Belfast Telegraph

Suzanne Breen: Positive signs as Brexit backstop options are explored

Boris Johnson and Leo Varadkar give a joint press conference in Dublin
Boris Johnson and Leo Varadkar give a joint press conference in Dublin
Suzanne Breen

By Suzanne Breen

Relations between London and Dublin are at an all-time low over Brexit but there was hope of positive movement when Boris met Leo on Monday.

It didn't go badly. The Prime Minister's quip about how Margaret Thatcher had "loved" Charlie Haughey was as controversial as it got during their tete-a-tete in Government Buildings.

Both the Prime Minister and the Taoiseach are currently facing massively challenging situations.

Johnson's problems may have received far greater airtime, but there is also significant pressure on Varadkar, even although you'd never guess to look at him. A no-deal Brexit will plunge the Republic into recession and wipe out Fine Gael's electoral chances.

While there was no breakthrough during the discussions, the tone in the first bilateral meeting between the two men was less hostile than some recent exchanges we've witnessed.

In a joint statement, they agreed that the talks had been "positive and constructive" with "common ground" identified, but they acknowledged that "significant gaps" remained.

There has been increasing speculation since the weekend about a Northern Ireland-only backstop being once again a real runner as a way out of the Brexit deadlock.

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It is argued that, with the Tories' majority in Parliament gone, the DUP could well be hung out to dry by Johnson, who has certainly shown himself capable of considerable U-turns in the past.

Ulster Unionist leader Robin Swann was certainly alert to the dangers ahead for unionists, highlighting how the Prime Minister yesterday asked in Dublin "can we protect the economic unity of the island of Ireland?"

Nigel Farage also smelt a rat. "The Boris bravado has disappeared in Dublin, saying No Deal would be a 'failure of statecraft'.

"He is now going all-out for Mrs May's deal, with Northern Ireland to be hived off from the rest of the UK," the Brexit Party leader tweeted.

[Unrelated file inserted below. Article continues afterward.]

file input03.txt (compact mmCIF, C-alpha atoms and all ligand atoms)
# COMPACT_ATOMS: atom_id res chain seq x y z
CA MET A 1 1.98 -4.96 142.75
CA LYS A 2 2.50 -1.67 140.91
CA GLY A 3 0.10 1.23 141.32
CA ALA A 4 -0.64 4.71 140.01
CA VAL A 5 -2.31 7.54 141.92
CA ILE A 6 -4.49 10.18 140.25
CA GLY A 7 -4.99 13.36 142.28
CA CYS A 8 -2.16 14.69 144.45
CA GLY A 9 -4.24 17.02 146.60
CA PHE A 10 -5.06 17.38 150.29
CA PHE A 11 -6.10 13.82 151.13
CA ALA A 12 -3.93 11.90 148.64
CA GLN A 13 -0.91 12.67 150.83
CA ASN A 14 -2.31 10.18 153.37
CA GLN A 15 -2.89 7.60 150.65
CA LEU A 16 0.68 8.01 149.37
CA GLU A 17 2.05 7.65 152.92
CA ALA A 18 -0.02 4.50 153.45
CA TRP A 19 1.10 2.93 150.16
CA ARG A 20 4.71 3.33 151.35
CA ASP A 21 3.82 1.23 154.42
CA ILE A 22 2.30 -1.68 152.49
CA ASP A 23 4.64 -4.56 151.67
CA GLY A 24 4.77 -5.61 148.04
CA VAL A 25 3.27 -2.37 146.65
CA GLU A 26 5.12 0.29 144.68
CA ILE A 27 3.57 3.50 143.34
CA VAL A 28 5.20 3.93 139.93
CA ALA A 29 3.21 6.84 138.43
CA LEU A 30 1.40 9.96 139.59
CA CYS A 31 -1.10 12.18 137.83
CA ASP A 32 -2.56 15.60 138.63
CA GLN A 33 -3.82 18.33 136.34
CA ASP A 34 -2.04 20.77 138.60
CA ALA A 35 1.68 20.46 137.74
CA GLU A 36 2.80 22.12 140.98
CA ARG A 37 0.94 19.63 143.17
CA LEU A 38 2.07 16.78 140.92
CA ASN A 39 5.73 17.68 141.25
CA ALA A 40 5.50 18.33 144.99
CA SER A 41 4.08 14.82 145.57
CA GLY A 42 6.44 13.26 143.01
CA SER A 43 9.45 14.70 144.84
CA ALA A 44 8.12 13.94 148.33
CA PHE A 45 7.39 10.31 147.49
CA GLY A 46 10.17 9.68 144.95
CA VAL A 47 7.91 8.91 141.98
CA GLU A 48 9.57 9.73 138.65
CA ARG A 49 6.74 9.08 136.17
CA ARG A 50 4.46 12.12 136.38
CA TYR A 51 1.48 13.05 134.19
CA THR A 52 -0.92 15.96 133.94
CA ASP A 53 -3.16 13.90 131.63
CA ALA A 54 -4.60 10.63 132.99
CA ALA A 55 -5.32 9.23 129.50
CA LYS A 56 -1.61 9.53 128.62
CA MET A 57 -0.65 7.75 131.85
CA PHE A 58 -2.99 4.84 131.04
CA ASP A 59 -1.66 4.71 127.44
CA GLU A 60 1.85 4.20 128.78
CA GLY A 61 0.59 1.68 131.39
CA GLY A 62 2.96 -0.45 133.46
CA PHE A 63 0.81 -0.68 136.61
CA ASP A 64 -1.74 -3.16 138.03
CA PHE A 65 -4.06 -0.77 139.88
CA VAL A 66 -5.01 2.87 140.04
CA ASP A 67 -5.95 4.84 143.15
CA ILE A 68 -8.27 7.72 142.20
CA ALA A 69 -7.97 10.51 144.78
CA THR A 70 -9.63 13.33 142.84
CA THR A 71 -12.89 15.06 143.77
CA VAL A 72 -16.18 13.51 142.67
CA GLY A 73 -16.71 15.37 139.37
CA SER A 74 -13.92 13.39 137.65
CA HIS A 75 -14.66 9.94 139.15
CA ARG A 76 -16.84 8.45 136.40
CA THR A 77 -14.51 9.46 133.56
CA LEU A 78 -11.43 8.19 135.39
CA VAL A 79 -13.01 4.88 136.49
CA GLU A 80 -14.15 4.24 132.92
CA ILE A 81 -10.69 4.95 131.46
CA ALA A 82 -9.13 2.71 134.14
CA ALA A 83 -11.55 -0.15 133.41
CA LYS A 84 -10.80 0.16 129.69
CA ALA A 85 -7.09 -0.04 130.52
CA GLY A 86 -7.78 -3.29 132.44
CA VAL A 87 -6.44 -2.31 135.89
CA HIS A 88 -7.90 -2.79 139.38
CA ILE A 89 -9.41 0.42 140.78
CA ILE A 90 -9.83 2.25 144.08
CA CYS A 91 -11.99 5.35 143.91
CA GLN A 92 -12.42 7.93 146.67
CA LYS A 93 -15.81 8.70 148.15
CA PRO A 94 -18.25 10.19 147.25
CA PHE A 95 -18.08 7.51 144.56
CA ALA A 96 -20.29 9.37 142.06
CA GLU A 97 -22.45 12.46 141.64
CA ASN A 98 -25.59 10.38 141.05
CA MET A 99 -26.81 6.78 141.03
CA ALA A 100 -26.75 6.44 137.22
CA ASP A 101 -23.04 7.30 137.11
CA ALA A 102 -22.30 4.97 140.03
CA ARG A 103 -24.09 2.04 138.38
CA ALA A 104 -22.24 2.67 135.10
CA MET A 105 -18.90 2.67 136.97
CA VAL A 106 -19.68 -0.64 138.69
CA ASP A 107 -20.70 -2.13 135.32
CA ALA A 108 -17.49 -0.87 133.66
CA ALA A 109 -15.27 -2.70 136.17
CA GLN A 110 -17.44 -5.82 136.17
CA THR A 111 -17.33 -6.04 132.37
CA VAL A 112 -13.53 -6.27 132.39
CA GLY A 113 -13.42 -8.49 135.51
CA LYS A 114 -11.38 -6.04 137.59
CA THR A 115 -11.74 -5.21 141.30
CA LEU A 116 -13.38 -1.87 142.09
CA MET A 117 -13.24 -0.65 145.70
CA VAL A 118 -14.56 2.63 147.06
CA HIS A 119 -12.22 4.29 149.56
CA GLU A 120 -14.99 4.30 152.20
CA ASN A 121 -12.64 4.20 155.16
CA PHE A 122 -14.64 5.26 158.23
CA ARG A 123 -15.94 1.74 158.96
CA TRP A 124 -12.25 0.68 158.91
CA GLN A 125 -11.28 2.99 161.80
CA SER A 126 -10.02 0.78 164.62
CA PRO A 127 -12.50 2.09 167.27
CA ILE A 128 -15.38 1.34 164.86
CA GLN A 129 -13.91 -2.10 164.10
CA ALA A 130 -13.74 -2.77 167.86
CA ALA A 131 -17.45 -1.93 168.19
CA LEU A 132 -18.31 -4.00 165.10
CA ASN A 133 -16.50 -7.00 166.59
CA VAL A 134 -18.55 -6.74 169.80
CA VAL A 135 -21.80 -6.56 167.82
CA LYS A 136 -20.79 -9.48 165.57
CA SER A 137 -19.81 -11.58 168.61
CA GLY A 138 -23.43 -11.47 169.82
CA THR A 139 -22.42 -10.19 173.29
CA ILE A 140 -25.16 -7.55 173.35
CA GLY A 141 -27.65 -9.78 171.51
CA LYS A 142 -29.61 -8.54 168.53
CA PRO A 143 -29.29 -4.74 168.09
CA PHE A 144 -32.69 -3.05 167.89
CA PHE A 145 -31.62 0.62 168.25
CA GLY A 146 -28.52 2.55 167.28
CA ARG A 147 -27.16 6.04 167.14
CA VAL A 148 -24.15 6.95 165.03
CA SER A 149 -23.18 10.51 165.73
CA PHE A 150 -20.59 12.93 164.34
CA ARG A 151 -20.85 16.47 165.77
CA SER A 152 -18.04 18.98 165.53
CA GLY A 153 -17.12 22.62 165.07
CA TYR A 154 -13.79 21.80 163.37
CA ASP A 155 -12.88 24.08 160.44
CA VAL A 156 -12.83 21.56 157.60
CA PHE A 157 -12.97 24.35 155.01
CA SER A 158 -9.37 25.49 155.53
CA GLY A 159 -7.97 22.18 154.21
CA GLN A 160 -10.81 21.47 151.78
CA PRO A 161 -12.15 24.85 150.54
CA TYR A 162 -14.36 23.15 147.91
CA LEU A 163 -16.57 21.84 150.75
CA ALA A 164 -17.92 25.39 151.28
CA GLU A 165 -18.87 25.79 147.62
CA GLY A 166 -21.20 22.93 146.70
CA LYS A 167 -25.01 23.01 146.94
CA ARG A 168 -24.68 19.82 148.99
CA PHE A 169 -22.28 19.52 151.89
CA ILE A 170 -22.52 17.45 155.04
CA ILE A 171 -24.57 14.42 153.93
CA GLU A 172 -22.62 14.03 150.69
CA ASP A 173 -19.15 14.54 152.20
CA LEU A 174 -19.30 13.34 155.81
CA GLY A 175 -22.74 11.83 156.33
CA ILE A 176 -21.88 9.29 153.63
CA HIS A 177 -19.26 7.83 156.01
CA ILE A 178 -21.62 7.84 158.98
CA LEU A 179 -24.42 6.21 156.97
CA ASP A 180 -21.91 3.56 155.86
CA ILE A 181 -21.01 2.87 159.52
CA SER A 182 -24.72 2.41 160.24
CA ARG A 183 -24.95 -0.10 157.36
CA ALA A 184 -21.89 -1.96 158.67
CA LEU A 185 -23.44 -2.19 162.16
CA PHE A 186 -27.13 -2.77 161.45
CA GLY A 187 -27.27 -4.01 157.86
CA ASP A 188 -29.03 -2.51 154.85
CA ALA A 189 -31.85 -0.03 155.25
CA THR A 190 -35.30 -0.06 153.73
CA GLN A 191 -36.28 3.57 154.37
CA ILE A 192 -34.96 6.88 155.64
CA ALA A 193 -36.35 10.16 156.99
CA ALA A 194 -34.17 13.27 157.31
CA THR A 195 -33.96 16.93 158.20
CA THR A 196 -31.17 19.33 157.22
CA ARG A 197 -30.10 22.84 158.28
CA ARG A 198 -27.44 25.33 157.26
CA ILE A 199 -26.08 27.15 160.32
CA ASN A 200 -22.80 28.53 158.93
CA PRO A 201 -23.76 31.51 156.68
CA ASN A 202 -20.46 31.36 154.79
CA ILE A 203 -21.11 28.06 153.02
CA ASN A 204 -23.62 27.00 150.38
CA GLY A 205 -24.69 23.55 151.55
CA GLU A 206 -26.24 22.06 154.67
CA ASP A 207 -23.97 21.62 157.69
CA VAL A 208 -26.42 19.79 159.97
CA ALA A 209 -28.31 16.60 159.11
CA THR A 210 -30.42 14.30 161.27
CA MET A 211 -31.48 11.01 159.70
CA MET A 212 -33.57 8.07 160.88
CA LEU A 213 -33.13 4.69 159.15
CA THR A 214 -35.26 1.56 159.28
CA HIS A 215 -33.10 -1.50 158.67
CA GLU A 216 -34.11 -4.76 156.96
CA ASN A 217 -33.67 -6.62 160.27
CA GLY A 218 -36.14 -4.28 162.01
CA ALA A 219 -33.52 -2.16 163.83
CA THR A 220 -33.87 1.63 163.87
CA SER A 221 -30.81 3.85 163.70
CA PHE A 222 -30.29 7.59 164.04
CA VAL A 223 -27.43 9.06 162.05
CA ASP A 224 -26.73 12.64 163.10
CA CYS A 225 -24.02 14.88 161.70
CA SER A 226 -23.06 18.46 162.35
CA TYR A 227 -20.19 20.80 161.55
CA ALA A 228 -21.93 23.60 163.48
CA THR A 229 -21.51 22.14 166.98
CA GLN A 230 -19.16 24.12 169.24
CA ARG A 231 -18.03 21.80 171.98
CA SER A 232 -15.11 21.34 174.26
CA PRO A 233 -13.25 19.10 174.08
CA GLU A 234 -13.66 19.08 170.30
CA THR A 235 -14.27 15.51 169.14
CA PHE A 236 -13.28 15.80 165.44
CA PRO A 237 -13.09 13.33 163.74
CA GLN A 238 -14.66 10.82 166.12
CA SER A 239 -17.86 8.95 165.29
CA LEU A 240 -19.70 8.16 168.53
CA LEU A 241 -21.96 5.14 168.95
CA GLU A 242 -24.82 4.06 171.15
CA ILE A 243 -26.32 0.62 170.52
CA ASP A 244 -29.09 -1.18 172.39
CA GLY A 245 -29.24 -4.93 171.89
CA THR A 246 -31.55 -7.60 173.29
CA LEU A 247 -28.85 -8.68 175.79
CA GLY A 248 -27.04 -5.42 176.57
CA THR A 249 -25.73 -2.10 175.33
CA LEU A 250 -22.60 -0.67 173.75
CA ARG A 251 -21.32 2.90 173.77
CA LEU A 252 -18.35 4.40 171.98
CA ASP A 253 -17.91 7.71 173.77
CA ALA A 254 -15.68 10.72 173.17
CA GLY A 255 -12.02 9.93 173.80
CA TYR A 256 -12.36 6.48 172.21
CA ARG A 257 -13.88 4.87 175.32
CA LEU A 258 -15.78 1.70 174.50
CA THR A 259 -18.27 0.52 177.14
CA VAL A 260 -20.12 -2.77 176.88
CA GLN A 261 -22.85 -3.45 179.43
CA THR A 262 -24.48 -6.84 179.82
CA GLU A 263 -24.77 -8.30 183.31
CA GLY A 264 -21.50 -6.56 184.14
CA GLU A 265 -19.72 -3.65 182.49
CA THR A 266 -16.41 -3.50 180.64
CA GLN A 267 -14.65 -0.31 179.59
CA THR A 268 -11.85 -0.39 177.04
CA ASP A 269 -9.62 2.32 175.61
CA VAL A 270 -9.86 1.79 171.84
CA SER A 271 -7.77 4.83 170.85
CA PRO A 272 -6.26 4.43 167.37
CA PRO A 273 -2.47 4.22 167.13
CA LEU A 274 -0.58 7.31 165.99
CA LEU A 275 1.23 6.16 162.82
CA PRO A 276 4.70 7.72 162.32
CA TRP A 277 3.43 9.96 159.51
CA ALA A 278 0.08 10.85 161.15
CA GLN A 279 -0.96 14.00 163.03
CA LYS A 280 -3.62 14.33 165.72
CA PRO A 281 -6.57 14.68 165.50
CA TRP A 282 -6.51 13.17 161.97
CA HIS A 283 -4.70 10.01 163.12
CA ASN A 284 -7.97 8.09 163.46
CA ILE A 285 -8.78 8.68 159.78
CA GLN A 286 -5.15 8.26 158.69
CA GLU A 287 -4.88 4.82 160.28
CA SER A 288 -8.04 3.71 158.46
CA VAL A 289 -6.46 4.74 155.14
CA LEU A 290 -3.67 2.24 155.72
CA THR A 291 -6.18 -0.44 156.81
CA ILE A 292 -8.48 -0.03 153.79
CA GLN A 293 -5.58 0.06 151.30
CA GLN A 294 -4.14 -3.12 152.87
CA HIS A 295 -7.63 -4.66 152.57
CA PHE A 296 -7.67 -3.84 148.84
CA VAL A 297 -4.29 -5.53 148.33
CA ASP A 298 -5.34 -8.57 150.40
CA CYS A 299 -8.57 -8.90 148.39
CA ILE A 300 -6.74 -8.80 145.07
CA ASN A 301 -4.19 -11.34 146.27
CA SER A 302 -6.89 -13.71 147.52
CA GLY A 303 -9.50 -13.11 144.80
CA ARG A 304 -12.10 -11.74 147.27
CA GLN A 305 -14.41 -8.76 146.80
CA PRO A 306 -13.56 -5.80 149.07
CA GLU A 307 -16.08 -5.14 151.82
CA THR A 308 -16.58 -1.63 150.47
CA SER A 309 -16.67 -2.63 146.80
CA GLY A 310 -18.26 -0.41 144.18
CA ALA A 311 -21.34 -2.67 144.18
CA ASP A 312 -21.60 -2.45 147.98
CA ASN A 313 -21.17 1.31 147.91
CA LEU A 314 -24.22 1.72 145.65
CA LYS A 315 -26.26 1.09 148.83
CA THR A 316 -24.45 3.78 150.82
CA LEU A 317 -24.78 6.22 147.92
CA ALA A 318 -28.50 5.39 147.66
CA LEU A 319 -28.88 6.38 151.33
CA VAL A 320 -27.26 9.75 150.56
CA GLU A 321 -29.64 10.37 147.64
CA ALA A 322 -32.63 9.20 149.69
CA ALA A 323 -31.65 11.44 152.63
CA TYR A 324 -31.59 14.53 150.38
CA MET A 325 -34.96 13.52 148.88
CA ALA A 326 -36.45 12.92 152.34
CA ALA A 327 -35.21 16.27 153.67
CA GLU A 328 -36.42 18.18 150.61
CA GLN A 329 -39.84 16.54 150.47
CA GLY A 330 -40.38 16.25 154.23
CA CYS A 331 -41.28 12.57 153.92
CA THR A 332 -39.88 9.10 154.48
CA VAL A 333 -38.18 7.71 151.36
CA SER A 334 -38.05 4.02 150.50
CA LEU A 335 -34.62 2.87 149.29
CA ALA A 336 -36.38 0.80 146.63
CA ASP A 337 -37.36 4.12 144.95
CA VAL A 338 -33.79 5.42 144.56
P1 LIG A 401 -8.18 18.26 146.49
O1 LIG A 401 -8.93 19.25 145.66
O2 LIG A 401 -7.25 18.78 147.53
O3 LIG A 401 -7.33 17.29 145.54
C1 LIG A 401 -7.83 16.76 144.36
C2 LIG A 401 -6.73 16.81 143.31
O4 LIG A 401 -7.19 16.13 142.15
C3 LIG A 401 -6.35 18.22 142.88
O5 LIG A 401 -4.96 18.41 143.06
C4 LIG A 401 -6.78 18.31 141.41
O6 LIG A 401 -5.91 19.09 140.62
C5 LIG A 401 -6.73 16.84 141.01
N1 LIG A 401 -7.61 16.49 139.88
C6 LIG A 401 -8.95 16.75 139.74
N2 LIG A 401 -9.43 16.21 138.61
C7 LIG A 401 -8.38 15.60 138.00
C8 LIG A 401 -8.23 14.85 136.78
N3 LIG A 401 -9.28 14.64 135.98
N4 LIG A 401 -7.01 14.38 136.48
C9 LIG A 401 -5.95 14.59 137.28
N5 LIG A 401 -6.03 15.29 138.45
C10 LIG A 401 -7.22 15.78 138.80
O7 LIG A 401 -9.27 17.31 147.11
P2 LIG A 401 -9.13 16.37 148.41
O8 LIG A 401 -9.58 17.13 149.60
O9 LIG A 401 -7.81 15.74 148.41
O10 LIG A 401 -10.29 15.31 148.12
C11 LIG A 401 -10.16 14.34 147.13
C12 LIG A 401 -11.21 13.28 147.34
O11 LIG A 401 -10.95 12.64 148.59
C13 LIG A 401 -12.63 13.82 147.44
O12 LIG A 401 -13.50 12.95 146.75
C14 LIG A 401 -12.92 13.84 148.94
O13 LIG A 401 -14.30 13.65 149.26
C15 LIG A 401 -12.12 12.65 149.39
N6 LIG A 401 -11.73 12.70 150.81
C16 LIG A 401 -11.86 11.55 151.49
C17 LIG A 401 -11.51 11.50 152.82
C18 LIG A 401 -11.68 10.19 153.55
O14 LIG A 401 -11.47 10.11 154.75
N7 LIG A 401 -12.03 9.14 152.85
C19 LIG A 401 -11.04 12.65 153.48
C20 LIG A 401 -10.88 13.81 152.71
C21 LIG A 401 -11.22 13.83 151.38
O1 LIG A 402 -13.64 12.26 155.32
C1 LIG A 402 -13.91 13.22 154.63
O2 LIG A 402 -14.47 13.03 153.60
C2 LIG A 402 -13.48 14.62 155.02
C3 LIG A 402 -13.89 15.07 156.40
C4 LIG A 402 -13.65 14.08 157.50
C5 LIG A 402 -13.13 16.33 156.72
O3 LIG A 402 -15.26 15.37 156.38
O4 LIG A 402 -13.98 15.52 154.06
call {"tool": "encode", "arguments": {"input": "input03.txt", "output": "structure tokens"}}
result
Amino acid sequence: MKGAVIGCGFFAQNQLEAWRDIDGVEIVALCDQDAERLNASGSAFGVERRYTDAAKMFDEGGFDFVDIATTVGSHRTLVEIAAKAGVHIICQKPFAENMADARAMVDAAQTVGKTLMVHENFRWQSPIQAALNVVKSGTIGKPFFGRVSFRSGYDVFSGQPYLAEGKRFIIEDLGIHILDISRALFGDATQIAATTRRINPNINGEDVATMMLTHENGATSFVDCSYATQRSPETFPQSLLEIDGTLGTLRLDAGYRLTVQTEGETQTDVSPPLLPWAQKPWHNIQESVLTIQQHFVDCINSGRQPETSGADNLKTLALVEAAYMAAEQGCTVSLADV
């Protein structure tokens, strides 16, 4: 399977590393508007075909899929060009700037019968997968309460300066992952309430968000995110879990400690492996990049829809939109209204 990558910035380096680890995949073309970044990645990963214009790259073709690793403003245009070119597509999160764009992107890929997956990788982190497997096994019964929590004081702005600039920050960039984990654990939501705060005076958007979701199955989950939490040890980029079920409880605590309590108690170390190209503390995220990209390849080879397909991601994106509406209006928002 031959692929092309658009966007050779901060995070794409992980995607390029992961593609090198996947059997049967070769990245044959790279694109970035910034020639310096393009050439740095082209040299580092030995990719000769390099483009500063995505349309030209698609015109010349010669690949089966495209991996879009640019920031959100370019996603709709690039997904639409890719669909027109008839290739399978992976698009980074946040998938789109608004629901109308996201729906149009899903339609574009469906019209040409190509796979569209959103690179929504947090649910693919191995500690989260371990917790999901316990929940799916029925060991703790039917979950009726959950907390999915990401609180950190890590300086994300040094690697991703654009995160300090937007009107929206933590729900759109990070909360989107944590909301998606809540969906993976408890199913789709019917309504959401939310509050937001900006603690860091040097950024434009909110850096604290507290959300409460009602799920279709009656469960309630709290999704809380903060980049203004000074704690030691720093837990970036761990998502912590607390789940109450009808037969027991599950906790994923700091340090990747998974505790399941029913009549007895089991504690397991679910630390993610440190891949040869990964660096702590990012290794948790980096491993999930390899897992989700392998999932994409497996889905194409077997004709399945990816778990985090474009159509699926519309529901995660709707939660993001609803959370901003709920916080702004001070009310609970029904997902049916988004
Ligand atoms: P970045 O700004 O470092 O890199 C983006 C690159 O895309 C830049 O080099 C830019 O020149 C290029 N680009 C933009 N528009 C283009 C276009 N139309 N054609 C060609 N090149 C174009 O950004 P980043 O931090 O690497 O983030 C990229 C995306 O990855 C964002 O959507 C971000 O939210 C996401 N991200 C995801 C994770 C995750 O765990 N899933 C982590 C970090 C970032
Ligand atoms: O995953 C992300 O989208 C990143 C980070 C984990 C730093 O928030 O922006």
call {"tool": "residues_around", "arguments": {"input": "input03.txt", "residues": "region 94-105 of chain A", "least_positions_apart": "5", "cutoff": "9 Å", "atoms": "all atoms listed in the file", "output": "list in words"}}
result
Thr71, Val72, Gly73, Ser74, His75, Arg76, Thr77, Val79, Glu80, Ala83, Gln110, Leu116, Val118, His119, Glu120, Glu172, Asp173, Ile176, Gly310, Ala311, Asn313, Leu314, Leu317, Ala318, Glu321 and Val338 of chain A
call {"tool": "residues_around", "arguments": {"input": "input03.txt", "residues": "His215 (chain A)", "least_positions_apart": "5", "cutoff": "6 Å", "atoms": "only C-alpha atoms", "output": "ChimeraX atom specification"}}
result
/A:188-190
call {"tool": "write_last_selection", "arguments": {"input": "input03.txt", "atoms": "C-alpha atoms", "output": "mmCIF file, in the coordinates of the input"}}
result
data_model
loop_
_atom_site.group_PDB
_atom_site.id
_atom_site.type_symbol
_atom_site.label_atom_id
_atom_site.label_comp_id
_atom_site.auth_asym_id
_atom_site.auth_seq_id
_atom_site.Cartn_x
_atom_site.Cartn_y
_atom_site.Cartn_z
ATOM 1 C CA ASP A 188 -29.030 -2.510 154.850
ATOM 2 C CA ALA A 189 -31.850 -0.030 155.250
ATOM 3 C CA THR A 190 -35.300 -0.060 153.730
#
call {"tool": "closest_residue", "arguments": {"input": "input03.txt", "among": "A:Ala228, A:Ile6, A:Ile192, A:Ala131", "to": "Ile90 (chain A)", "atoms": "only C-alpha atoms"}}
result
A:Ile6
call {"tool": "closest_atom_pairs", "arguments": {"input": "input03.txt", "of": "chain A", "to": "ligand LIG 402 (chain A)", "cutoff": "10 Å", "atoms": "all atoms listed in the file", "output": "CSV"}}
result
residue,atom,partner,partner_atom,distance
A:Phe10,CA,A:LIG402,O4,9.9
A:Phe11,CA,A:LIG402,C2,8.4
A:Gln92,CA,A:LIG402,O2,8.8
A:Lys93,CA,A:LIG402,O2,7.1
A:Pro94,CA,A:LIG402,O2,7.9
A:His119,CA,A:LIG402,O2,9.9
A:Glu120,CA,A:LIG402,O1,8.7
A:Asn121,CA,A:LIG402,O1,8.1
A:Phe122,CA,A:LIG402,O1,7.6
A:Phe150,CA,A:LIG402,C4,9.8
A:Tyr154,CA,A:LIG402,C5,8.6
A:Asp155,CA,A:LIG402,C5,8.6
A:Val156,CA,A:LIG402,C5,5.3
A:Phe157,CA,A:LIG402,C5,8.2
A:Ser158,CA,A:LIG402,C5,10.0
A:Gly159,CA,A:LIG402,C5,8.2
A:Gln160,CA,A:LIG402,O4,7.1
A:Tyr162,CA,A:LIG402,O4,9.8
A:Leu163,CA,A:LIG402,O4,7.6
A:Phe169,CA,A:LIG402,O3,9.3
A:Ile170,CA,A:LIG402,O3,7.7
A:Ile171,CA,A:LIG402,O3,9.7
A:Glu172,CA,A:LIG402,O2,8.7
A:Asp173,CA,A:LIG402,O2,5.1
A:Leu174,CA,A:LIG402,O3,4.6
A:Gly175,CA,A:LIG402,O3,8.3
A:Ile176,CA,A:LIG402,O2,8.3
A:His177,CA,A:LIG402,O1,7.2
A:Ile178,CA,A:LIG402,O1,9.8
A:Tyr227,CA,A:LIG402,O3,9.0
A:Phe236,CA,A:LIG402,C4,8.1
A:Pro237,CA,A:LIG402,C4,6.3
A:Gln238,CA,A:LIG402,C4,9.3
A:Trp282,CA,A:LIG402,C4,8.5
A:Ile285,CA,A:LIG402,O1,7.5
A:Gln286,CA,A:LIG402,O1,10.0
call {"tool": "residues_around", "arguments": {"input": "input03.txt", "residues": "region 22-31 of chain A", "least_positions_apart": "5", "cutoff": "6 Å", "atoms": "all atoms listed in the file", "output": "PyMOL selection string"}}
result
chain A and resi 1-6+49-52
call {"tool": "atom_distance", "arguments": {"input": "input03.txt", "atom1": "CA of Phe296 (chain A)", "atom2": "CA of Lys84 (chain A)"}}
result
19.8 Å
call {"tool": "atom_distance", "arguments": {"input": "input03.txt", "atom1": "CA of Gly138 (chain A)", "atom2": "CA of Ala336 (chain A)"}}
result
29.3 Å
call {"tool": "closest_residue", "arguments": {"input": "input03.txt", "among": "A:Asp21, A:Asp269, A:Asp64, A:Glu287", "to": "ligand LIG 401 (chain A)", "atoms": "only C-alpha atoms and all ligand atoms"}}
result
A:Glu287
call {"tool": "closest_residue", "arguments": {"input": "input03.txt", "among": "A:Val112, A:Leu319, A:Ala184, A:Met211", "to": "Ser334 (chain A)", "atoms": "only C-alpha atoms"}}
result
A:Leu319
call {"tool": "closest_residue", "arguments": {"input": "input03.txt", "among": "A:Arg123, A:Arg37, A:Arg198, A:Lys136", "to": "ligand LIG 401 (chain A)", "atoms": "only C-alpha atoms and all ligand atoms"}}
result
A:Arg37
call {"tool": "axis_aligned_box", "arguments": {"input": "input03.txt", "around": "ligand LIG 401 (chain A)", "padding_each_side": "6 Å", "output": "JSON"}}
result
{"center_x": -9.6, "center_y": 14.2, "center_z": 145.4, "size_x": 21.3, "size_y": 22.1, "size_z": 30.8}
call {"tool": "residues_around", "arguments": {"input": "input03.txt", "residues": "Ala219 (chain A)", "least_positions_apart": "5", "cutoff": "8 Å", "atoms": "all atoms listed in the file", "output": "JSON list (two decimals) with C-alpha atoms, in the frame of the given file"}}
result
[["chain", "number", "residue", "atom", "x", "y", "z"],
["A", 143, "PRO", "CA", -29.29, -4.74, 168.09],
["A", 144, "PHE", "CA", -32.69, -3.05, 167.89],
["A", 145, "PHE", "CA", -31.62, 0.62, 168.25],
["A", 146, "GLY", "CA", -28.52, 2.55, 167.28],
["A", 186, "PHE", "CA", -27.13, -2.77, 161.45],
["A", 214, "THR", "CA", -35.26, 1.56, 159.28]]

For its part, the DUP remains confident that a U-turn is not on the agenda. "The Prime Minister has already ruled out a Northern Ireland only backstop because it would be anti-democratic and unconstitutional," Arlene Foster said yesterday.

Rather than feeling threatened by what Johnson said in Dublin, Foster hailed it as encouraging that he and the Taoiseach had "dialled down the rhetoric". An all-island agri-food area has been floated as an alternative to the backstop.

Varadkar said yesterday that this would only remove the need for 30% of border checks. But expanding this into other areas could be the basis for a potential way forward.

Yet would it not represent a border in the Irish Sea, which the DUP is pledged to oppose?

Foster yesterday acknowledged that there are areas where Northern Ireland and the Republic are already closely aligned - the all-Ireland electricity market and a single agricultural zone applying to the movement of animals across the Border.

The DUP would sell a deal along those lines as representing no new border being created. Foster will be at Westminster today to continue discussions with the Government on breaking the Brexit impasse.

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